Plump, adv. [Cf. D. plomp,
interj., G. plump, plumps. Cf. Plump, a.
& v.] Directly; suddenly; perpendicularly. "Fall
plump." Beau. & Fl.
Plump (plŭmp), a.
[Compar. Plumper (-ẽr);
superl. Plumpest.] [OE. plomp rude,
clumsy; akin to D. plomp, G., Dan., & Sw. plump;
probably of imitative origin. Cf. Plump,
adv.] Well rounded or filled out; full; fleshy;
fat; as, a plump baby; plump cheeks.
The god of wine did his plump clusters
bring. T. Carew.
Plump, n. A knot; a cluster; a
group; a crowd; a flock; as, a plump of trees, fowls, or
To visit islands and the plumps of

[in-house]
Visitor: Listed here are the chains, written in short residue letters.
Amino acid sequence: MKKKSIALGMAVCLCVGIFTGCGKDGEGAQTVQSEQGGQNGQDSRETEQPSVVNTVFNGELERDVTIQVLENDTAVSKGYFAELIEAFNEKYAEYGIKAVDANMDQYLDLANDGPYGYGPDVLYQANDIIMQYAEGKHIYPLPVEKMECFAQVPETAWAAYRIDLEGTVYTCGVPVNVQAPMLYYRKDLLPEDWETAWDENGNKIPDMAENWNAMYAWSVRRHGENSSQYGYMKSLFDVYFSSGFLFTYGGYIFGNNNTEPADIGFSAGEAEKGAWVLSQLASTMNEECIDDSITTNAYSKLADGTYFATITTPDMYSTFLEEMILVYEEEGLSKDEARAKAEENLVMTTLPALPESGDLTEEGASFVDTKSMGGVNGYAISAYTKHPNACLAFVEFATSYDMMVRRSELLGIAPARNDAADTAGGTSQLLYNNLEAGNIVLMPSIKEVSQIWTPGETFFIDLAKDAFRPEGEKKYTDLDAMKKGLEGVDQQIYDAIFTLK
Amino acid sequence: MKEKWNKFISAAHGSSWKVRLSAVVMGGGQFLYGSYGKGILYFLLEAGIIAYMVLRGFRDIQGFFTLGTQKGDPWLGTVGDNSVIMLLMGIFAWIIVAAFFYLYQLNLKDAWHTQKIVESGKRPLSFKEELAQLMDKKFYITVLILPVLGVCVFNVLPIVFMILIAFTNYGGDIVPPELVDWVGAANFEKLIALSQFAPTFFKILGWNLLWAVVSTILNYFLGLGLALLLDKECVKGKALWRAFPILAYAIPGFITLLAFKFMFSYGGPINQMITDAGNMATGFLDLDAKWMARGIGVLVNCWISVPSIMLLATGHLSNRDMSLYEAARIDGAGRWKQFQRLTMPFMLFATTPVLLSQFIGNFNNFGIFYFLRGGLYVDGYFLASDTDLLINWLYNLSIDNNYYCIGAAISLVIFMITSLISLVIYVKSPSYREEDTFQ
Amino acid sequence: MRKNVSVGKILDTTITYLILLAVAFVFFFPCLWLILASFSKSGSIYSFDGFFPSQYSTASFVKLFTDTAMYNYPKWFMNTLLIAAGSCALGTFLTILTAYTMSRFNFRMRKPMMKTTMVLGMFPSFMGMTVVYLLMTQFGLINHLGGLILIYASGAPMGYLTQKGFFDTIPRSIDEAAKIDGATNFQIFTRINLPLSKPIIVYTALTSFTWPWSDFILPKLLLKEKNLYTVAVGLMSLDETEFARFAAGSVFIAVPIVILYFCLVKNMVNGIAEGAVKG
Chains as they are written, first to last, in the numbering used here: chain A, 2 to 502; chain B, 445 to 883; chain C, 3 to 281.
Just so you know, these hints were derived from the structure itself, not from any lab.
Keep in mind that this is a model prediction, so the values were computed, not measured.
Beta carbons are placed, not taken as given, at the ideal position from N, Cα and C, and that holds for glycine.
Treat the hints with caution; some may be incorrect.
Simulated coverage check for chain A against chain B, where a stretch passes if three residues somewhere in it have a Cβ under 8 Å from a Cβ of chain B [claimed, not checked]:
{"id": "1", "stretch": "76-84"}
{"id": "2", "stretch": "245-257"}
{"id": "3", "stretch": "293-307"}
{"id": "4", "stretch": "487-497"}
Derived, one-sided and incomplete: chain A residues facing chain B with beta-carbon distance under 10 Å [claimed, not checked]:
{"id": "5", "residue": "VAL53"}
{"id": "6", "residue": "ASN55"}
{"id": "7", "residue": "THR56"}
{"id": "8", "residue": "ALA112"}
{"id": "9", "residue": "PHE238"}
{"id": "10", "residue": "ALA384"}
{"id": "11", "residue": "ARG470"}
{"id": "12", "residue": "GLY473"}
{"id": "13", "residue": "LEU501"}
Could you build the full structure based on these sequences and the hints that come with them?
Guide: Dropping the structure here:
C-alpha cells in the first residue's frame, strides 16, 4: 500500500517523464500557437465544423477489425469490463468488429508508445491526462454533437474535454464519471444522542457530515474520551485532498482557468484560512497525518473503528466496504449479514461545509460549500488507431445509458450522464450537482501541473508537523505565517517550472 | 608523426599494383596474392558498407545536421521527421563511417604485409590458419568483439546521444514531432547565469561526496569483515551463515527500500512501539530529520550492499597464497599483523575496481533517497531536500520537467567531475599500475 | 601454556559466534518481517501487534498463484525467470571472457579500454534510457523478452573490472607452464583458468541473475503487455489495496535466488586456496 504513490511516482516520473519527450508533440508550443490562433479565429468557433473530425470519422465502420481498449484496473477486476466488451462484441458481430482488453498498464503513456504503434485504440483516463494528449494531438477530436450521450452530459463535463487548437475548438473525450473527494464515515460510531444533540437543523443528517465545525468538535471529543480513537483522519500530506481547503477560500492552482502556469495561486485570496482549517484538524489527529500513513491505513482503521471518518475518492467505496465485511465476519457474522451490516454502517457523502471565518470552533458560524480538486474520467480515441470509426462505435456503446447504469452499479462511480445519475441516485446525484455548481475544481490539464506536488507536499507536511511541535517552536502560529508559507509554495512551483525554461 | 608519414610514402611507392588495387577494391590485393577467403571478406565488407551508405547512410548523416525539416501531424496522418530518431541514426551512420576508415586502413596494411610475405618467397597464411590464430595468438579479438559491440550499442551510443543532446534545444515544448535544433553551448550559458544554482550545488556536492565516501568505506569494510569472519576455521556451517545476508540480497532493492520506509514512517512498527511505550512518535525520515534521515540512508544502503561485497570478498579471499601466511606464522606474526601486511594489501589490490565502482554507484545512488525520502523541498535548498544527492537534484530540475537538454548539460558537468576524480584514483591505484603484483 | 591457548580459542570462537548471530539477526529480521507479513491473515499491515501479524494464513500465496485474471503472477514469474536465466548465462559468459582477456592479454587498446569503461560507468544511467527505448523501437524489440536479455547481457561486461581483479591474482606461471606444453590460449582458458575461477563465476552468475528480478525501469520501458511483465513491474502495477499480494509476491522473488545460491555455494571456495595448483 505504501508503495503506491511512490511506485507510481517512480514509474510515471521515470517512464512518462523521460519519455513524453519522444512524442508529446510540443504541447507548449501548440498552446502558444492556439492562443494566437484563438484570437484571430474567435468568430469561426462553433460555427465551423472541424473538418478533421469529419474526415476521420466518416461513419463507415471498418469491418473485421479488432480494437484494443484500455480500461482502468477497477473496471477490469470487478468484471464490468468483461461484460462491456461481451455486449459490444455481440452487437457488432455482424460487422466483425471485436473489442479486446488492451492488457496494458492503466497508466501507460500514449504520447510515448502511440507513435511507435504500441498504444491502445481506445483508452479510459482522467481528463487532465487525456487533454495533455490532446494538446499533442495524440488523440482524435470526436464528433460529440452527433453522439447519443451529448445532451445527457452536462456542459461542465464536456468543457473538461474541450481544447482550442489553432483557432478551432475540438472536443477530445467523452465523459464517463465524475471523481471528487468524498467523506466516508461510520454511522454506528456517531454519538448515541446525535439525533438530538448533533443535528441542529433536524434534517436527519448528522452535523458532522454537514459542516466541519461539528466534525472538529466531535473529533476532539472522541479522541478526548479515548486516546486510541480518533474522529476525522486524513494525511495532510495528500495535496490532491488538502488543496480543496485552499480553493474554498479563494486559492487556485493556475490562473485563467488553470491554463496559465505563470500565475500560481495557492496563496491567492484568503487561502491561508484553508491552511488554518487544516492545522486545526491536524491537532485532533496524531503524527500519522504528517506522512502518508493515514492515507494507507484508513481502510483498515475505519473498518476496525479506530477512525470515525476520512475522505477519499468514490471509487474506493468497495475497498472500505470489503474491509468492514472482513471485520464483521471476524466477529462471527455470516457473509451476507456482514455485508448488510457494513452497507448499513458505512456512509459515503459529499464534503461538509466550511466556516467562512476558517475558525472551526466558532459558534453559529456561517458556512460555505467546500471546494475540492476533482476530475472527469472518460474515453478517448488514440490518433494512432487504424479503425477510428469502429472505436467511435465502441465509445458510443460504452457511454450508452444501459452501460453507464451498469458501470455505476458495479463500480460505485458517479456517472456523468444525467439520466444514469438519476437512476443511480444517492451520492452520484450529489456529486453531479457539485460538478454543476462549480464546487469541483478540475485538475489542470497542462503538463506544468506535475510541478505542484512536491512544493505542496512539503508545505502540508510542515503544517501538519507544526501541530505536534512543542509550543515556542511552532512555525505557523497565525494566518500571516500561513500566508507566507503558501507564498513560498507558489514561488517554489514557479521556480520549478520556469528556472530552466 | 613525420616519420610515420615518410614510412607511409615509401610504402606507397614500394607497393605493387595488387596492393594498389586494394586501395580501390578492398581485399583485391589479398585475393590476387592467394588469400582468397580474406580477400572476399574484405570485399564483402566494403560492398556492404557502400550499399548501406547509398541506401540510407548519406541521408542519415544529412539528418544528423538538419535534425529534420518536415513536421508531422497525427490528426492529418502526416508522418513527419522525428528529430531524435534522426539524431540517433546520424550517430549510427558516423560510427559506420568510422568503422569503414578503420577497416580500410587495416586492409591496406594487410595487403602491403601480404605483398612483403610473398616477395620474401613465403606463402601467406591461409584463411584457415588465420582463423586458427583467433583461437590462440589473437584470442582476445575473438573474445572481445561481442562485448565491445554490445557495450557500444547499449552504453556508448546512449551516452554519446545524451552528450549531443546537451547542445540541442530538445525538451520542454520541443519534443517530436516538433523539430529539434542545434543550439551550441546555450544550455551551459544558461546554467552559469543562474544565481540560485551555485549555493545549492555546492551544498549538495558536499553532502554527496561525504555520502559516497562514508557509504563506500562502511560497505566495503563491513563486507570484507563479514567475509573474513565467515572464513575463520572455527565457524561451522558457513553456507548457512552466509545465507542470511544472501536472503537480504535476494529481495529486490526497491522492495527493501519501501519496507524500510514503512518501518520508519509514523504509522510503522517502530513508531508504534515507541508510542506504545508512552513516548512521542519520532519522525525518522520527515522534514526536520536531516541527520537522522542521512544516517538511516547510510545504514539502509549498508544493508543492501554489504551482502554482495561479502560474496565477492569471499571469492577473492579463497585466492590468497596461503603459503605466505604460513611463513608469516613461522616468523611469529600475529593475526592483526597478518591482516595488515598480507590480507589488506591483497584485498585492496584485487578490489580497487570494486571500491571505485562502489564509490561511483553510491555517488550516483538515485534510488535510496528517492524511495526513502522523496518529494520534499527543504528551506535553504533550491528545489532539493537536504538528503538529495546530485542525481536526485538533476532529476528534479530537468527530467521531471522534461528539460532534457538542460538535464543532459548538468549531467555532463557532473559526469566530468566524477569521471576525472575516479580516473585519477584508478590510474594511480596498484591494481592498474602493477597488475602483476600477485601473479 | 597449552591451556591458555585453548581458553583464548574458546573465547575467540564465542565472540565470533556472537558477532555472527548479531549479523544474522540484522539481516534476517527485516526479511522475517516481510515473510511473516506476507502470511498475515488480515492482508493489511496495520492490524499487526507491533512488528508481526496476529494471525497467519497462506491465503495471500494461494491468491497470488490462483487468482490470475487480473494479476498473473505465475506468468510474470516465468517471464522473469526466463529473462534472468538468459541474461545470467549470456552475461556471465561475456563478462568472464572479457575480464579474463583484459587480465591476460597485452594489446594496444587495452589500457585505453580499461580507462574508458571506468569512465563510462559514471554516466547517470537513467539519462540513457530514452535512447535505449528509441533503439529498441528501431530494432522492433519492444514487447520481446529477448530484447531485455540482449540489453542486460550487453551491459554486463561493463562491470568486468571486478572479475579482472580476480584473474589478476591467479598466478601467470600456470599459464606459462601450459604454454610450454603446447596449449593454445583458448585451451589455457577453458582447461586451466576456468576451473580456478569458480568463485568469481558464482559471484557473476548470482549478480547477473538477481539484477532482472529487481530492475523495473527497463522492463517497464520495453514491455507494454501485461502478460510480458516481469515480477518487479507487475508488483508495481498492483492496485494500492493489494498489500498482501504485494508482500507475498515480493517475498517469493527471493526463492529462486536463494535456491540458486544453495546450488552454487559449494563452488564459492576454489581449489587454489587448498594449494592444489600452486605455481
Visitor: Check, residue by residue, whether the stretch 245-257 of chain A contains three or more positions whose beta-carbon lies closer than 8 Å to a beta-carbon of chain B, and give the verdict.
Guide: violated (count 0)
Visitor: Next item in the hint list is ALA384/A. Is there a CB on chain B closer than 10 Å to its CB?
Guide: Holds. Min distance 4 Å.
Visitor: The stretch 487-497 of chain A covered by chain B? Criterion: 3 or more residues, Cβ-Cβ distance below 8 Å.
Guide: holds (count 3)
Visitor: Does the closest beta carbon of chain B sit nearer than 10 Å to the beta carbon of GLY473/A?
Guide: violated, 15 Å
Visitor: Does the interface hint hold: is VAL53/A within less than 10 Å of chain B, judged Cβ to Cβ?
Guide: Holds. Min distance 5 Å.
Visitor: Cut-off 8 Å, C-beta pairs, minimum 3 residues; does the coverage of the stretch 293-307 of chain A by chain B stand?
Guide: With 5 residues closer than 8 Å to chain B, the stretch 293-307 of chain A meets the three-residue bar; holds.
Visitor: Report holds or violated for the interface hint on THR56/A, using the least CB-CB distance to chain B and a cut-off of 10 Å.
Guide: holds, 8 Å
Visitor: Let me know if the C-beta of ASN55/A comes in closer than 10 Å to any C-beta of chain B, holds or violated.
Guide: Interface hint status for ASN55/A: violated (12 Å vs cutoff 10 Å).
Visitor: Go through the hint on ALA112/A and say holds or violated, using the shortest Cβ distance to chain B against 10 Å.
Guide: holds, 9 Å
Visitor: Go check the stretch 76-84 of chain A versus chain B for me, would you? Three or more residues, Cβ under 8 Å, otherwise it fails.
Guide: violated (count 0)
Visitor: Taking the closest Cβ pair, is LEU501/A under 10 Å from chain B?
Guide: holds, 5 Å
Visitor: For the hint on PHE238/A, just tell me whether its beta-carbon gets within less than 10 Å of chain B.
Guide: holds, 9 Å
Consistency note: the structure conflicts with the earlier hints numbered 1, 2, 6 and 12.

Plump, v. i. [Cf. D. plompen, G.
plumpen, Sw. plumpa, Dan. plumpe. See
Plump, a.] 1. To grow
plump; to swell out; as, her cheeks have plumped.
2. To drop or fall suddenly or heavily, all at
once."Dulcissa plumps into a chair."
3. To give a plumper. See
Plump, v. t. [imp. & p.
p. Plumped (?); p. pr. & vb. n.
Plumping.] 1. To make plump; to fill (out)
or support; -- often with up.
To plump up the hollowness of their history with
improbable miracles. Fuller.
2. To cast or let drop all at once, suddenly
and heavily; as, to plump a stone into water.
3. To give (a vote), as a plumper. See
Plump (?), a. Done or made plump,
or suddenly and without reservation; blunt; unreserved; direct;
After the plump statement that the author was at
Erceldoune and spake with Thomas. Saintsbury.